Like most of you, I still like to play some rec hockey (though for me it's ball hockey now instead of ice). Our team is mostly guys in their late-20's and early-30's and we are routinely pretty competetive in our lower tier division (don't blow anyone away, but we usually compete for the championship).
Lately though, we've been running into these younger teams who transition from ice hockey. Most of them in their early 20's, lots of wheels, lots of good individual skill, that sort of thing. Most of these teams send in a rather disorganized 2 man forecheck, but because of the overall team speed it was causing us problems. We don't practice, so we needed something we could pick up fairly easily on. Nothing too complicated, but enough to breakdown and expose the forecheck and aggressiveness.
Most of these teams attack in waves. First group goes in and presses, and the next group follows up with immediate pressure if the ball gets past the first group. Our goal was to sort of expose that by quickly chipping past each wave. The one benefit our team has is that we aren't lazy, we run hard, we don't stand around too much and we all get back.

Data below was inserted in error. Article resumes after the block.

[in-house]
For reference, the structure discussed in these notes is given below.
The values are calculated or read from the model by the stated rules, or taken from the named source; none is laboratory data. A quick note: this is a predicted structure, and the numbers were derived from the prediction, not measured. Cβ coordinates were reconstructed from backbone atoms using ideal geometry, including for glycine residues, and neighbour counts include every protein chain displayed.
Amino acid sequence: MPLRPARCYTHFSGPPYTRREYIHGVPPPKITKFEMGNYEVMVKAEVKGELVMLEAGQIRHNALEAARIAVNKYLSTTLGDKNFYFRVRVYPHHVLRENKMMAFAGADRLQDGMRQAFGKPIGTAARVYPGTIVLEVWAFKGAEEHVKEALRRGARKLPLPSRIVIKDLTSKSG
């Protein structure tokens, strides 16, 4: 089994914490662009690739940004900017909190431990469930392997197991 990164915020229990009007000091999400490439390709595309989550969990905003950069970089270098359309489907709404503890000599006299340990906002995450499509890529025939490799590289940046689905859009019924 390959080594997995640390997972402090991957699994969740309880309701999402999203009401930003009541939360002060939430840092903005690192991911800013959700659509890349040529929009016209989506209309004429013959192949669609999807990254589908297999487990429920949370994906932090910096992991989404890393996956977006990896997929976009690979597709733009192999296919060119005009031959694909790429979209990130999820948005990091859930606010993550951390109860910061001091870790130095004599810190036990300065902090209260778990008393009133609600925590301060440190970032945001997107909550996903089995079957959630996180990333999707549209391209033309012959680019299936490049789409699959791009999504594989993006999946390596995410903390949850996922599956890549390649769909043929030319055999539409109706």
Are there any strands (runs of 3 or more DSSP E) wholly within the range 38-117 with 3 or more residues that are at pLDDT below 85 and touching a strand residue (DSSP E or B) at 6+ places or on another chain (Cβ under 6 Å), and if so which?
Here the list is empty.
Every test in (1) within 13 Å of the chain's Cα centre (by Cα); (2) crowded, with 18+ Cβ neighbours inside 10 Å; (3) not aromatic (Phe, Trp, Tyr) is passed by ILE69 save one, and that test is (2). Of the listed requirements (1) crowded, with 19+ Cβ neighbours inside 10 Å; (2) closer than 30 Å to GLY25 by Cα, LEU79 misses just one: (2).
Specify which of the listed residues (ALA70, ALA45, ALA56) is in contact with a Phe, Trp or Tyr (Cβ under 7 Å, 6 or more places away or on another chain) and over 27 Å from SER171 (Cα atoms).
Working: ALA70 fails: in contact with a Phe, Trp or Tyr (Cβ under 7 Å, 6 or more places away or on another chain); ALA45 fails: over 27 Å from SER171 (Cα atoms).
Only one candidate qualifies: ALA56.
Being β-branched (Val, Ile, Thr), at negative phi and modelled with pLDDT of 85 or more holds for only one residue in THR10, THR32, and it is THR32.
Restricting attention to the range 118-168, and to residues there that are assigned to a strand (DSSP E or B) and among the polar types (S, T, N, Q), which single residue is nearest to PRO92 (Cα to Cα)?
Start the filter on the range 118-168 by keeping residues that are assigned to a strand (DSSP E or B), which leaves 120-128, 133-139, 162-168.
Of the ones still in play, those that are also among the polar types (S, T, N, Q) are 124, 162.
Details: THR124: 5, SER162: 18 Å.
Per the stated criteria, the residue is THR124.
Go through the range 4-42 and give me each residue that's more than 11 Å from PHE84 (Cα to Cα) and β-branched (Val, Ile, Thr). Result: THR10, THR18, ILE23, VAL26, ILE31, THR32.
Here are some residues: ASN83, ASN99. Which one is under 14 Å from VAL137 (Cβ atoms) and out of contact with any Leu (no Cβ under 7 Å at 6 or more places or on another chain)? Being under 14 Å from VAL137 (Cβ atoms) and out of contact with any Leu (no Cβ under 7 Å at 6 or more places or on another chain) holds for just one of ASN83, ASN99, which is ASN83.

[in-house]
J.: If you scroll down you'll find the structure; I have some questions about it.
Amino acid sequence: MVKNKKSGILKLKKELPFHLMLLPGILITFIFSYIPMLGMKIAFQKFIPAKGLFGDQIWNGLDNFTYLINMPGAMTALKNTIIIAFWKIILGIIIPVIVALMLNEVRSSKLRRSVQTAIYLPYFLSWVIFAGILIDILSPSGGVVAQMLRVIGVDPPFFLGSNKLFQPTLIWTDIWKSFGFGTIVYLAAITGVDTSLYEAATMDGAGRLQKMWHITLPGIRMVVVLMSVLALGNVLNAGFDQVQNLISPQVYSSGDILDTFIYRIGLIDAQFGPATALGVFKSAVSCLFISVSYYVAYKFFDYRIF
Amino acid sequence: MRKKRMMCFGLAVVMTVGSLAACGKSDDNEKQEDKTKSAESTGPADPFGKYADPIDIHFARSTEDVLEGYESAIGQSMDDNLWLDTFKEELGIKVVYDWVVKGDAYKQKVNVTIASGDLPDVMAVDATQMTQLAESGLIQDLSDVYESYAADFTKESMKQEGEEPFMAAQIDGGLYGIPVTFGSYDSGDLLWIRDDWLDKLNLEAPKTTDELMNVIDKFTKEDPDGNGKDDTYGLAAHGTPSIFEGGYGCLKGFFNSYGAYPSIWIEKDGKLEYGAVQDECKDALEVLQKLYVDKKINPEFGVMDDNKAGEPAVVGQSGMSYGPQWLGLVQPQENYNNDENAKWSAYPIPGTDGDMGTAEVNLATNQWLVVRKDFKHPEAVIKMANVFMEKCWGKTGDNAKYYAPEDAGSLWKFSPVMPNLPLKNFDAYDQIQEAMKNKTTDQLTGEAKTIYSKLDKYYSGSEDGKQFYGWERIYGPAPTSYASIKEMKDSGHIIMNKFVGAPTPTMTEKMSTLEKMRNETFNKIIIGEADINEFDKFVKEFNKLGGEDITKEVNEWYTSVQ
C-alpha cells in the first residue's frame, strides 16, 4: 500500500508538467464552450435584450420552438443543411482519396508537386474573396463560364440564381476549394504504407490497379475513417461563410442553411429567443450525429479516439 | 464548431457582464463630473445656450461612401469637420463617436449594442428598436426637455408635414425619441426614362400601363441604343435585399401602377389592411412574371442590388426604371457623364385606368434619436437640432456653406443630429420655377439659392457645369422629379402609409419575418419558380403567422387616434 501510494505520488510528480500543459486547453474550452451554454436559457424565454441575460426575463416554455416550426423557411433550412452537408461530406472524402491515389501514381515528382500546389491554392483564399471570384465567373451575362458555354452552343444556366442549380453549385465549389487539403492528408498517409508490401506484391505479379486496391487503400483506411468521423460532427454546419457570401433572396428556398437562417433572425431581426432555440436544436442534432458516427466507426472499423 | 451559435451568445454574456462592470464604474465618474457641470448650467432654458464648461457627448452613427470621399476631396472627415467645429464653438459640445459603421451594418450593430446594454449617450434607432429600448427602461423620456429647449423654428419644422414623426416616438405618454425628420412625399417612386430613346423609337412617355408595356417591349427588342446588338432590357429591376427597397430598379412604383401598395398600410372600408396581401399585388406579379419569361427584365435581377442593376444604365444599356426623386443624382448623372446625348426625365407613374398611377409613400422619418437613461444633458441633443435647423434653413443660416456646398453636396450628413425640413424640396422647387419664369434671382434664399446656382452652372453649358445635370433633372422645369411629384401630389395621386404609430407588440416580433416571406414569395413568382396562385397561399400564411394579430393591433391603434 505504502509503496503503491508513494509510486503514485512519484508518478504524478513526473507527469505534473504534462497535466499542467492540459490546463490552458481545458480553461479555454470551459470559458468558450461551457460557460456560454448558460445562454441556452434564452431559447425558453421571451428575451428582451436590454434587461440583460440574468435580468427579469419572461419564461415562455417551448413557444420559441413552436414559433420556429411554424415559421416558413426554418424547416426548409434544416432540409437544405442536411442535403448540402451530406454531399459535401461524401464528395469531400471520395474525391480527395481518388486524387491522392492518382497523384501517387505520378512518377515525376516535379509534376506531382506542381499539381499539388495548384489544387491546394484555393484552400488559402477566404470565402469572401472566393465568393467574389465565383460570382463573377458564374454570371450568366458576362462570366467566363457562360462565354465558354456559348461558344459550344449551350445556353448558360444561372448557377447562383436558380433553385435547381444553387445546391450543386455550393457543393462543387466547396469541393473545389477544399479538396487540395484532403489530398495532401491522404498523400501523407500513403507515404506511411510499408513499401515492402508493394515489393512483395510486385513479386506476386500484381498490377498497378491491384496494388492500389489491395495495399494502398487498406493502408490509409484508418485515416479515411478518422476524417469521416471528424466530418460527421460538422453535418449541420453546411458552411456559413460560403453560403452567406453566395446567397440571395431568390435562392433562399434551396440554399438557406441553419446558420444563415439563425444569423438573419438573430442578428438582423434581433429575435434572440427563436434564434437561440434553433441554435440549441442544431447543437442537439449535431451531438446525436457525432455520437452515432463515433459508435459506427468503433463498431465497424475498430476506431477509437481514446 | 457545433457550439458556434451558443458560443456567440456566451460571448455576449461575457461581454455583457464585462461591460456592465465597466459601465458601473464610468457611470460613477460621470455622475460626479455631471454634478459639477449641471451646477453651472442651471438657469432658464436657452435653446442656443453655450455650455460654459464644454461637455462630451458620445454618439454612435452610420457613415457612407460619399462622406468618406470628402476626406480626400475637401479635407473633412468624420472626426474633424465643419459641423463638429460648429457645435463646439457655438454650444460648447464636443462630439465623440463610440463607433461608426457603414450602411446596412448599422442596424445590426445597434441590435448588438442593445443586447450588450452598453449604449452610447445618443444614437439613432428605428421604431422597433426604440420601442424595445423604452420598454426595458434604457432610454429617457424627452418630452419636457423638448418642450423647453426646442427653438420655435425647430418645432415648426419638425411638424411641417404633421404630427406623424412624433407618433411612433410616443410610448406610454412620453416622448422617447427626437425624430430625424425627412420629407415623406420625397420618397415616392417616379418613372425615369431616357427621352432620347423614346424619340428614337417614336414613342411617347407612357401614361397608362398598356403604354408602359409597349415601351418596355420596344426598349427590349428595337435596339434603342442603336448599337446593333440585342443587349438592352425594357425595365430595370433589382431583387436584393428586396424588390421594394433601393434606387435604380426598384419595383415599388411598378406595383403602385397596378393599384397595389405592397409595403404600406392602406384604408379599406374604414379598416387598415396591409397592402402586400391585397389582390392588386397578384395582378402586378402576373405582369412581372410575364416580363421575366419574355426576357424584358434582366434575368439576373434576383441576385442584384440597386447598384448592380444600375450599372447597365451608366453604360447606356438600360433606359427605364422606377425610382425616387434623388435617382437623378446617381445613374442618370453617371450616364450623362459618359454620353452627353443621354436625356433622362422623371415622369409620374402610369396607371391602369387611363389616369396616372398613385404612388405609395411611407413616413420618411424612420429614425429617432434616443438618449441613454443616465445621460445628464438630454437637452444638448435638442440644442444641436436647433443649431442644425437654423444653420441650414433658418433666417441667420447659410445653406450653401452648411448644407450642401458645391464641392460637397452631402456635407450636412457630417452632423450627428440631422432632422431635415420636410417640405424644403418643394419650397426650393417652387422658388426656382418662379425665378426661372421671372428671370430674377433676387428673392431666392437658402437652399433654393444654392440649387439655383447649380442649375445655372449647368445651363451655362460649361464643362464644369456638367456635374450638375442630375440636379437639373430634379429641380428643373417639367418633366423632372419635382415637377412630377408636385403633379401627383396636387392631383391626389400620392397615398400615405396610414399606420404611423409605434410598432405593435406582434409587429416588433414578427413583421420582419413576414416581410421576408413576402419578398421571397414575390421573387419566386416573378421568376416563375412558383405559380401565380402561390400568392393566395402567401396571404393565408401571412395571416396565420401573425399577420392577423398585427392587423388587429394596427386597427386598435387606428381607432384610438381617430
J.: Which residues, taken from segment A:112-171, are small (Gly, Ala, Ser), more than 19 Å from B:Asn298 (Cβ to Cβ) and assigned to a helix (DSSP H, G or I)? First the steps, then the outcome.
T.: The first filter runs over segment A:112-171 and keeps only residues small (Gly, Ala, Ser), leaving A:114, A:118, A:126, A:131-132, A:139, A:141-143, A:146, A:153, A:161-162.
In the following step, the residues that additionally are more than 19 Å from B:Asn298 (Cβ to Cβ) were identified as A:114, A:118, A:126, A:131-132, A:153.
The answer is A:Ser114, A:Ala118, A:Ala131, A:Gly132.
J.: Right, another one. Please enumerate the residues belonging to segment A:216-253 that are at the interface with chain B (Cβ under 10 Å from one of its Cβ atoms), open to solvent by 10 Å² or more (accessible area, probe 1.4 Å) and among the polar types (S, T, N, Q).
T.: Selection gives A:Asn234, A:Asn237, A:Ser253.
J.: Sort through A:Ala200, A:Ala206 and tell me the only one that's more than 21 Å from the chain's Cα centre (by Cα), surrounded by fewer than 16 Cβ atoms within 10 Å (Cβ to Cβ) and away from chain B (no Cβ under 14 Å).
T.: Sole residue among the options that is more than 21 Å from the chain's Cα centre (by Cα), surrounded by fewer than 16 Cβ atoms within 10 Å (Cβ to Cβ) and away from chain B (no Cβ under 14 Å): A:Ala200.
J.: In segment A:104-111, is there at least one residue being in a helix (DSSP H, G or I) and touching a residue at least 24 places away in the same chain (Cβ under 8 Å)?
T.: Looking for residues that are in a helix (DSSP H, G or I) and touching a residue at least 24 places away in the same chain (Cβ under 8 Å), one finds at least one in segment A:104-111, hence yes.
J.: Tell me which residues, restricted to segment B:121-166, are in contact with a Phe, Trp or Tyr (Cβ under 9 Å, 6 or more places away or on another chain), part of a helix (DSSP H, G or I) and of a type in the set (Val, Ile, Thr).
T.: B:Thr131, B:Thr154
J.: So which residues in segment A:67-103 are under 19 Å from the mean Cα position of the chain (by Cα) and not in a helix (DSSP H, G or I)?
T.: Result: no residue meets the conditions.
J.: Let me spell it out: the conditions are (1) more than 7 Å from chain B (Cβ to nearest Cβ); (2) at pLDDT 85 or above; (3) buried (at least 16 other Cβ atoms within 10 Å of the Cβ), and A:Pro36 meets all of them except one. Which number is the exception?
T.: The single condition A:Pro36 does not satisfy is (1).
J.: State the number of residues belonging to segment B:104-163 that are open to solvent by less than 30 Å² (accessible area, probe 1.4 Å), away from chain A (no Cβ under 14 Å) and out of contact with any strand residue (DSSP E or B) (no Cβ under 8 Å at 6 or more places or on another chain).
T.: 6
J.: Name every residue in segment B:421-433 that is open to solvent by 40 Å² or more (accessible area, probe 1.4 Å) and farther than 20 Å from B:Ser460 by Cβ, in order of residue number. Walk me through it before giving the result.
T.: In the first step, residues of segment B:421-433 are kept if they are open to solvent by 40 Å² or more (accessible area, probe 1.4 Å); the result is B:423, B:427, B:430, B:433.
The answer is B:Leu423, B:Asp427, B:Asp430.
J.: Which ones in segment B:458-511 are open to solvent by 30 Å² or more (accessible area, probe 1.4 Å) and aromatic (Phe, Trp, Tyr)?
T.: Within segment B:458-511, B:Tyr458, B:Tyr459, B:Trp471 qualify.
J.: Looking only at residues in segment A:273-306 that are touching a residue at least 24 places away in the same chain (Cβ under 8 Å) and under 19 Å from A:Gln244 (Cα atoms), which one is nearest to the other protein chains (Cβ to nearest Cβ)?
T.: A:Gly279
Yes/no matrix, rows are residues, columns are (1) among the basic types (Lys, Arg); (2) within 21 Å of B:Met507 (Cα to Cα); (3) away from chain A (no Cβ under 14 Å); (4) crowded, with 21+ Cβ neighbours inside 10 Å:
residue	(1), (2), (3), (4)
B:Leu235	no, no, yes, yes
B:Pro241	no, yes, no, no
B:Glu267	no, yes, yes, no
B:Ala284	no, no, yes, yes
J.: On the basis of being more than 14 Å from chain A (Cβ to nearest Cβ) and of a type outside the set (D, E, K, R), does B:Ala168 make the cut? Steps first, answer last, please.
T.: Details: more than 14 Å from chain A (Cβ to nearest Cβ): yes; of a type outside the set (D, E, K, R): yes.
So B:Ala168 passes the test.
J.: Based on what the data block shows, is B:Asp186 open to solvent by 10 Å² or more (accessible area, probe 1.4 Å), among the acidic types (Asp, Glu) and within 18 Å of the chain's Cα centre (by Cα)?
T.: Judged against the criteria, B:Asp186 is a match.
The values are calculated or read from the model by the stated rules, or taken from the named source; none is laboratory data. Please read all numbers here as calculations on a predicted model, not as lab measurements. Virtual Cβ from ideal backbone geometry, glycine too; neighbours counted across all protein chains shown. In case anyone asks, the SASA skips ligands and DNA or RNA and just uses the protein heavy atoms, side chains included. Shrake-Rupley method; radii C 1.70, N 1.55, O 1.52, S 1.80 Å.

We needed something that was not only easy for us to pick up on, but also something that wasn't too easy for the other team to read and pick up on.
This play can be reversed to either side, but we'll look at the right side only. When the puck is at the right D, the RW will circle down a bit, then cut across the rink. the C then goes outside the blueline and circles back down to where the RW was. The pass goes from the RD to the C. As that happens, the LW goes to the RW wall between the blueline and centre for a chip from the C. As this is happening, the RW cuts up the middle of the rink, then can either accept the pass from the LW in the middle, or continue over to the RW wall (just outside centre) for another chip pass by the LW. The centre follows up by jumping back into the play. In ballhockey this play is more of a chip out, dump and change (due to the redline becoming the blueline when you get possession). In ice hockey you can use this as possession breakout.
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